Mandatory Spending Proposal: Homeless Assistance for Families
The Administration’s proposed Homeless Assistance for Families (HAF) program would provide $11 billion over ten years to pay for Section 8 Housing Choice Vouchers and rapid re-housing for families experiencing or at risk of homelessness. Section 8 Housing Choice Vouchers allow extremely low income families to choose modestly priced housing in the private market and pay 30 percent of their income for rent, with federal funds (administered by a local Public Housing Authority) paying the remainder. Rapid re-housing works with homeless families to identify landlords and locate appropriate housing, provides short-term financial support, and connects families with services (including employment services) in the community. Both are proven to end homelessness.
If enacted by Congress, HAF would give communities what they need to ensure that no child lives on the streets or spends long periods in shelter, and that children and families unstably housed get help with housing. It would provide funding for housing interventions that have proven to end and prevent homelessness in a cost-effective manner, but that have never been funded adequately. The benefit to these children is obvious – by allowing them to quickly escape the trauma of homelessness, it avoids a host of negative outcomes, and allows their parents to provide a stable environment and get back to work. Benefits to taxpayers are equally robust, as families and children have better health, can maintain employment, do better in school, and are more able to contribute to their communities.
A game-changing feature of the proposal is that it is funded on the “mandatory” side of the federal budget. This means that it is a long term (in this case ten-year) commitment to address this problem. Funding will be reliable over these ten years, and rural and urban communities can concentrate on doing the work that will increase the likelihood that the goal of ending homelessness for America’s families will be met.
National organizations concerned with housing, education, health, and child welfare have met and begun to build a coalition to support the Homeless Assistance to Families program. Members of Congress have expressed interest in sponsoring legislation to enact it. Passing legislation to create a new program – especially a mandatory proposal of this size — is usually a multi-year undertaking. It will be necessary to identify key allies in Congress this year. Next steps will be to move the proposal into the next Congress and Administration.
Members of Congress should work with the relevant authorizing committees (Banking, Housing, and Urban Affairs in the Senate; Financial Services in the House) to develop and introduce legislation to enact the Administration’s proposal. They should encourage Presidential candidates to embrace a permanent and adequately funded solution to homelessness and housing instability for children and families.
- The Administration’s proposed Homeless Assistance for Families program would provide $11 billion in mandatory spending over ten years, for rapid re-housing and Section 8 Housing Choice Vouchers for families with children who are homeless or at risk of homelessness.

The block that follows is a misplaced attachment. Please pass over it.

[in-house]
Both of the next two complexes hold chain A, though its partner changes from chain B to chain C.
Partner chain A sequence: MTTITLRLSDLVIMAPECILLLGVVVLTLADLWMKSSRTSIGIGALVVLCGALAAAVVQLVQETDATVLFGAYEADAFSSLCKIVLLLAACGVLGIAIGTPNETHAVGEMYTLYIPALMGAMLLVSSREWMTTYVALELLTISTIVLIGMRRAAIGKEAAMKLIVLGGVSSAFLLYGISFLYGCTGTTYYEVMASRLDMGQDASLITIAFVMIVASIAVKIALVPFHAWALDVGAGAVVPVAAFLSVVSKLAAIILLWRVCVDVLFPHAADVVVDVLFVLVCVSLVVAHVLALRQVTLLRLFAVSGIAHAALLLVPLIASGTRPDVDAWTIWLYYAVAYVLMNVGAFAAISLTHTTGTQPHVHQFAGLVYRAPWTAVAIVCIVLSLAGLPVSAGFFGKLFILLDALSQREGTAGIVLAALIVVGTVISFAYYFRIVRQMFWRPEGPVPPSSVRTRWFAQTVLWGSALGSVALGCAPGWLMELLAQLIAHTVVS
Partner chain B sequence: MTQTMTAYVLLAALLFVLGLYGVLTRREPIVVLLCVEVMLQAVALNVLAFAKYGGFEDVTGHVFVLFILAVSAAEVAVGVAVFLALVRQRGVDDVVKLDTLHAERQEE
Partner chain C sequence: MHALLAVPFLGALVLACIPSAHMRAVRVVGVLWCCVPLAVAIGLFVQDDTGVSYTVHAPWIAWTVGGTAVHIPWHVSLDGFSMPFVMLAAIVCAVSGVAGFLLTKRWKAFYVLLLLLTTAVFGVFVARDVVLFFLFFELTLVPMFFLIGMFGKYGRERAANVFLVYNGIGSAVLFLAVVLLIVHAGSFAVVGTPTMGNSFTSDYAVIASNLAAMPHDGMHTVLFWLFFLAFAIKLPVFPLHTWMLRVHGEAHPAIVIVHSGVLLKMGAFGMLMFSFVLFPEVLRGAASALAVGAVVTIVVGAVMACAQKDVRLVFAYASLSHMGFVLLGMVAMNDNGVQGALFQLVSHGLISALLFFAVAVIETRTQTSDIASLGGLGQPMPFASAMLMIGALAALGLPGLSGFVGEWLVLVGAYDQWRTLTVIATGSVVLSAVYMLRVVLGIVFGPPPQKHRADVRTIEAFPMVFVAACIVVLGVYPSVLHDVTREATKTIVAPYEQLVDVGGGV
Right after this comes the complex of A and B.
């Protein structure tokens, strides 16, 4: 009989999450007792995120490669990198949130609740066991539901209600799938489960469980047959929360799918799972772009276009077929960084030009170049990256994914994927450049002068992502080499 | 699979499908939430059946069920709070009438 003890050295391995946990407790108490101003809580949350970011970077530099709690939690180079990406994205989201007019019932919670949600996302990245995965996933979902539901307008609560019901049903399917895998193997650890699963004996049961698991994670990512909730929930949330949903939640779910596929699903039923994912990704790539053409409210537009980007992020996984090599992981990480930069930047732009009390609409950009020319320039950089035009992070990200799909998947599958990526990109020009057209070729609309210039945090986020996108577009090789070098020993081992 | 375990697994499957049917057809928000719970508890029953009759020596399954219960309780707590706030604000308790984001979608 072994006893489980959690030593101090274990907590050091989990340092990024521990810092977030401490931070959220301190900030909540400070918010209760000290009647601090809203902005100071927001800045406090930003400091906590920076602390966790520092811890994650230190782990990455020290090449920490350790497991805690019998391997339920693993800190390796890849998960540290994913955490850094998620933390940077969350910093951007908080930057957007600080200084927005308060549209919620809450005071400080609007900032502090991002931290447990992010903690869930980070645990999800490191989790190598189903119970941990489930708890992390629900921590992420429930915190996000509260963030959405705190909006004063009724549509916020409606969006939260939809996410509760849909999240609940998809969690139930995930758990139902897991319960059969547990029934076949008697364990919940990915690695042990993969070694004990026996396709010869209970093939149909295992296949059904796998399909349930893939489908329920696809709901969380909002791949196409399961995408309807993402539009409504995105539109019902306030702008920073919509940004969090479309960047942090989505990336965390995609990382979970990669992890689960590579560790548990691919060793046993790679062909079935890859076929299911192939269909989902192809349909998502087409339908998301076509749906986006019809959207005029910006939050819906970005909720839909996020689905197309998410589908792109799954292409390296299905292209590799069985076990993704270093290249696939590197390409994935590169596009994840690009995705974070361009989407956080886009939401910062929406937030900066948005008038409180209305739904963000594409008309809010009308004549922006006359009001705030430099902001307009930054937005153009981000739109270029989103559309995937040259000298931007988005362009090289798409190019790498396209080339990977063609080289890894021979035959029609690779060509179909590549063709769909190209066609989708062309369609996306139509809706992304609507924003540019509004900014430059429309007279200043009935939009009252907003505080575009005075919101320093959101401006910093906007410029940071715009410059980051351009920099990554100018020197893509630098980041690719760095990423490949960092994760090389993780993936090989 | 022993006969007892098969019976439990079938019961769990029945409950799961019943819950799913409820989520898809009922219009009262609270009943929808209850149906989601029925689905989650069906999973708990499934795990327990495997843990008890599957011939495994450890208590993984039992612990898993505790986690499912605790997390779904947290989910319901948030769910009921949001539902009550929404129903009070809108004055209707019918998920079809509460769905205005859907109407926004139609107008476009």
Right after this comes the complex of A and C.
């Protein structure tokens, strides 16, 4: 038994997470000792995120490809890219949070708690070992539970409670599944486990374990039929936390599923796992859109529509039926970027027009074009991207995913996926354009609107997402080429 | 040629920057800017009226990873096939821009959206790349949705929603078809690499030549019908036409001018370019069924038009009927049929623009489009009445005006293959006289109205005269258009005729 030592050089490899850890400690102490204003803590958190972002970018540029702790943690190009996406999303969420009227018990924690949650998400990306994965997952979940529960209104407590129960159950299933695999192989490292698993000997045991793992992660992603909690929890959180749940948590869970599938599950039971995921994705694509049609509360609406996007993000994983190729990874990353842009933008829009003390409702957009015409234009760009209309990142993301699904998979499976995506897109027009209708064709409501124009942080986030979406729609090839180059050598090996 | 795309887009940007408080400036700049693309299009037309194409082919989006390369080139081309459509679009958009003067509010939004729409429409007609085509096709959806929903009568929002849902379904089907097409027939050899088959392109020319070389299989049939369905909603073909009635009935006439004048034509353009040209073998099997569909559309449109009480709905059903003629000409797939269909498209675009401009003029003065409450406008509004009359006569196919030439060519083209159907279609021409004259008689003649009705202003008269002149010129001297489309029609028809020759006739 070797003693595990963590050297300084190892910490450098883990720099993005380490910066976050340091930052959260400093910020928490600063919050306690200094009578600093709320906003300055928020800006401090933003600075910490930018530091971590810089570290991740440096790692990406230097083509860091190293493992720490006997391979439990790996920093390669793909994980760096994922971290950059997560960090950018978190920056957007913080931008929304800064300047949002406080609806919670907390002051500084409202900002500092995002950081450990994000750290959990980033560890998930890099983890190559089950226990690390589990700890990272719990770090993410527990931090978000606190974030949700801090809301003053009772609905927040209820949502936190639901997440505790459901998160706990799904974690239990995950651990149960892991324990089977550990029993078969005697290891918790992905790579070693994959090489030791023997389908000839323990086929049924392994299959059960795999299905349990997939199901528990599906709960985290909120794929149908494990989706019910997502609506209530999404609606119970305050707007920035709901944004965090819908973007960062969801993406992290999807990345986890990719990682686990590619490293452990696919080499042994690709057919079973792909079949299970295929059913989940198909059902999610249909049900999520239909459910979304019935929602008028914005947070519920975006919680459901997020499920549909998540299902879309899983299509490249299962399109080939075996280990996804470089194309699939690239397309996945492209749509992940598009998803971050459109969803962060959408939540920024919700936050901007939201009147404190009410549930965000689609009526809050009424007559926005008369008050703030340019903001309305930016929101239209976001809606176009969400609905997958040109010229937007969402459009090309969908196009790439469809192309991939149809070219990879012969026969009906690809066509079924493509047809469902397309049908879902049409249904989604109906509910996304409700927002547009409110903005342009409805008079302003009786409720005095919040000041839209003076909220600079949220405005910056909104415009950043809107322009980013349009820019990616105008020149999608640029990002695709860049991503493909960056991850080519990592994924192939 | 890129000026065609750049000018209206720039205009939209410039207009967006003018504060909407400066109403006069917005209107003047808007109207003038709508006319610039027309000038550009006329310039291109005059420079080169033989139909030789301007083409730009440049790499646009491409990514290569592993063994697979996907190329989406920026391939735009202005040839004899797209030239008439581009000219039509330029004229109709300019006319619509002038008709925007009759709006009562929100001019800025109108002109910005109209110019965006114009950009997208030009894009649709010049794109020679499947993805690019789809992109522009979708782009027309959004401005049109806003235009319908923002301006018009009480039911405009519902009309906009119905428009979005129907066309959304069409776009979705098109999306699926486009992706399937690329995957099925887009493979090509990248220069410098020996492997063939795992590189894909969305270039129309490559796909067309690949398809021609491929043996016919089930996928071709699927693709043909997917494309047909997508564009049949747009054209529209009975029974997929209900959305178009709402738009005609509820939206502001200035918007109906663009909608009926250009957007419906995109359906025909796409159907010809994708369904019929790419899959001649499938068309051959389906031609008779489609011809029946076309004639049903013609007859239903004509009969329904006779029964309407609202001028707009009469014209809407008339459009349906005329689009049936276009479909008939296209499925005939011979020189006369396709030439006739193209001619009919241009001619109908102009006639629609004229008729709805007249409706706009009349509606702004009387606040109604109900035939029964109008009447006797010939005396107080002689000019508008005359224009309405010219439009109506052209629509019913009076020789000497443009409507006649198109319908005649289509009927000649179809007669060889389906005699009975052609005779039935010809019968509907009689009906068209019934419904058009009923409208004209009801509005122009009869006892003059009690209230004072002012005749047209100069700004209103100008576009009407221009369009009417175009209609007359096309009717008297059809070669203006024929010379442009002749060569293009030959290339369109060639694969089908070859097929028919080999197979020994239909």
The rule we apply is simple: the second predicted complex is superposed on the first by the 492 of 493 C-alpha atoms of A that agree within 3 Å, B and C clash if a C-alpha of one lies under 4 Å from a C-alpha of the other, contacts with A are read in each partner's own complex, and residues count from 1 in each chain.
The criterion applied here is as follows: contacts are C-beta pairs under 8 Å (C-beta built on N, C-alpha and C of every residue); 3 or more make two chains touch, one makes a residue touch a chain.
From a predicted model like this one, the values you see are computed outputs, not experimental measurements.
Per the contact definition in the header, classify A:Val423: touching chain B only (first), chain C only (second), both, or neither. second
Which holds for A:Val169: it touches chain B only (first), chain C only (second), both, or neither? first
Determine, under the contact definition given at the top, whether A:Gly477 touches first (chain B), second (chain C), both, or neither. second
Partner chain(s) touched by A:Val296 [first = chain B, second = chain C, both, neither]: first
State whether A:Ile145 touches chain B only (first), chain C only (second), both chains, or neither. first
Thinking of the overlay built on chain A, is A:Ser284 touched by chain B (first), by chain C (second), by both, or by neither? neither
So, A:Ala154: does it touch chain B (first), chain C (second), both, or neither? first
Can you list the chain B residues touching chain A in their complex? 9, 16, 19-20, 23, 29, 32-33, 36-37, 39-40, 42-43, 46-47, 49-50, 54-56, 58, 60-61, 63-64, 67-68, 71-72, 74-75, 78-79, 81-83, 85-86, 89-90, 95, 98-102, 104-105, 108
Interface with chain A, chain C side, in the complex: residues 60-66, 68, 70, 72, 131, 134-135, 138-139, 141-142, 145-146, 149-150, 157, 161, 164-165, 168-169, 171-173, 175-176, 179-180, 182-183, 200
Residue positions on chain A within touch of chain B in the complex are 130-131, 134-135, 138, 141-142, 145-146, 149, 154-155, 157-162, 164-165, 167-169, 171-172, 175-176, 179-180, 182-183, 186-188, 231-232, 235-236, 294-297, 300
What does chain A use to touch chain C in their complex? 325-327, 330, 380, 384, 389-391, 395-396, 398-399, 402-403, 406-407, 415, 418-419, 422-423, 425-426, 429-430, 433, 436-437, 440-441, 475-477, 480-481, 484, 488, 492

- No child should be homeless. Homelessness has a negative impact on children, including poor health, poor school performance, and an increased risk of future homelessness.
- The solutions to family homelessness are clear. Rapid re-housing, and Section 8 Housing Choice Vouchers (for the highest need families), matched with services (funded by other programs) as needed, will end family homelessness.
- Existing funding measures have not proven sufficient. Communities have worked hard to use their HUD homeless funding with maximum effectiveness (including using data to identify evidence based practices, shifting resources from less efficient to more efficient interventions, and coordinating with other publicly funded programs). They are making progress, but there are not sufficient resources to solve the problem.
- This bill would provide funding through a mandatory spending measure, ensuring a more stable source of funding. The money would go through existing program mechanisms that have proven effective. $11 billion over ten years, used to deliver evidence-based and coordinated solutions, would be sufficient to ensure that:
- No child lives on the street or in places not intended for human habitation, such as cars, tents, storage lockers, campgrounds, or abandoned buildings. Today, over 13,000 children live in such circumstances.
- No child’s HOME is a shelter: rather, shelter is a place they stay briefly while their family is being helped to find and move into an apartment. About 73,000 children are in emergency shelters every day, and the average length of stay is nearly three months.
- Families with children who are forced to move repeatedly from place to place and school to school because they can’t afford housing receive help to afford decent, stable housing.
I hope you will work with your colleagues on the Banking, Housing, and Urban Affairs Committee to develop and introduce legislation to enact the Administration’s proposal. Please also encourage Presidential candidates to embrace a permanent and adequately funded solution to homelessness and housing instability for children and families.
I hope you will work with your colleagues on the Financial Services Committee to develop and introduce legislation to enact the Administration’s proposal. Please also encourage Presidential candidates to embrace a permanent and adequately funded solution to homelessness and housing instability for children and families.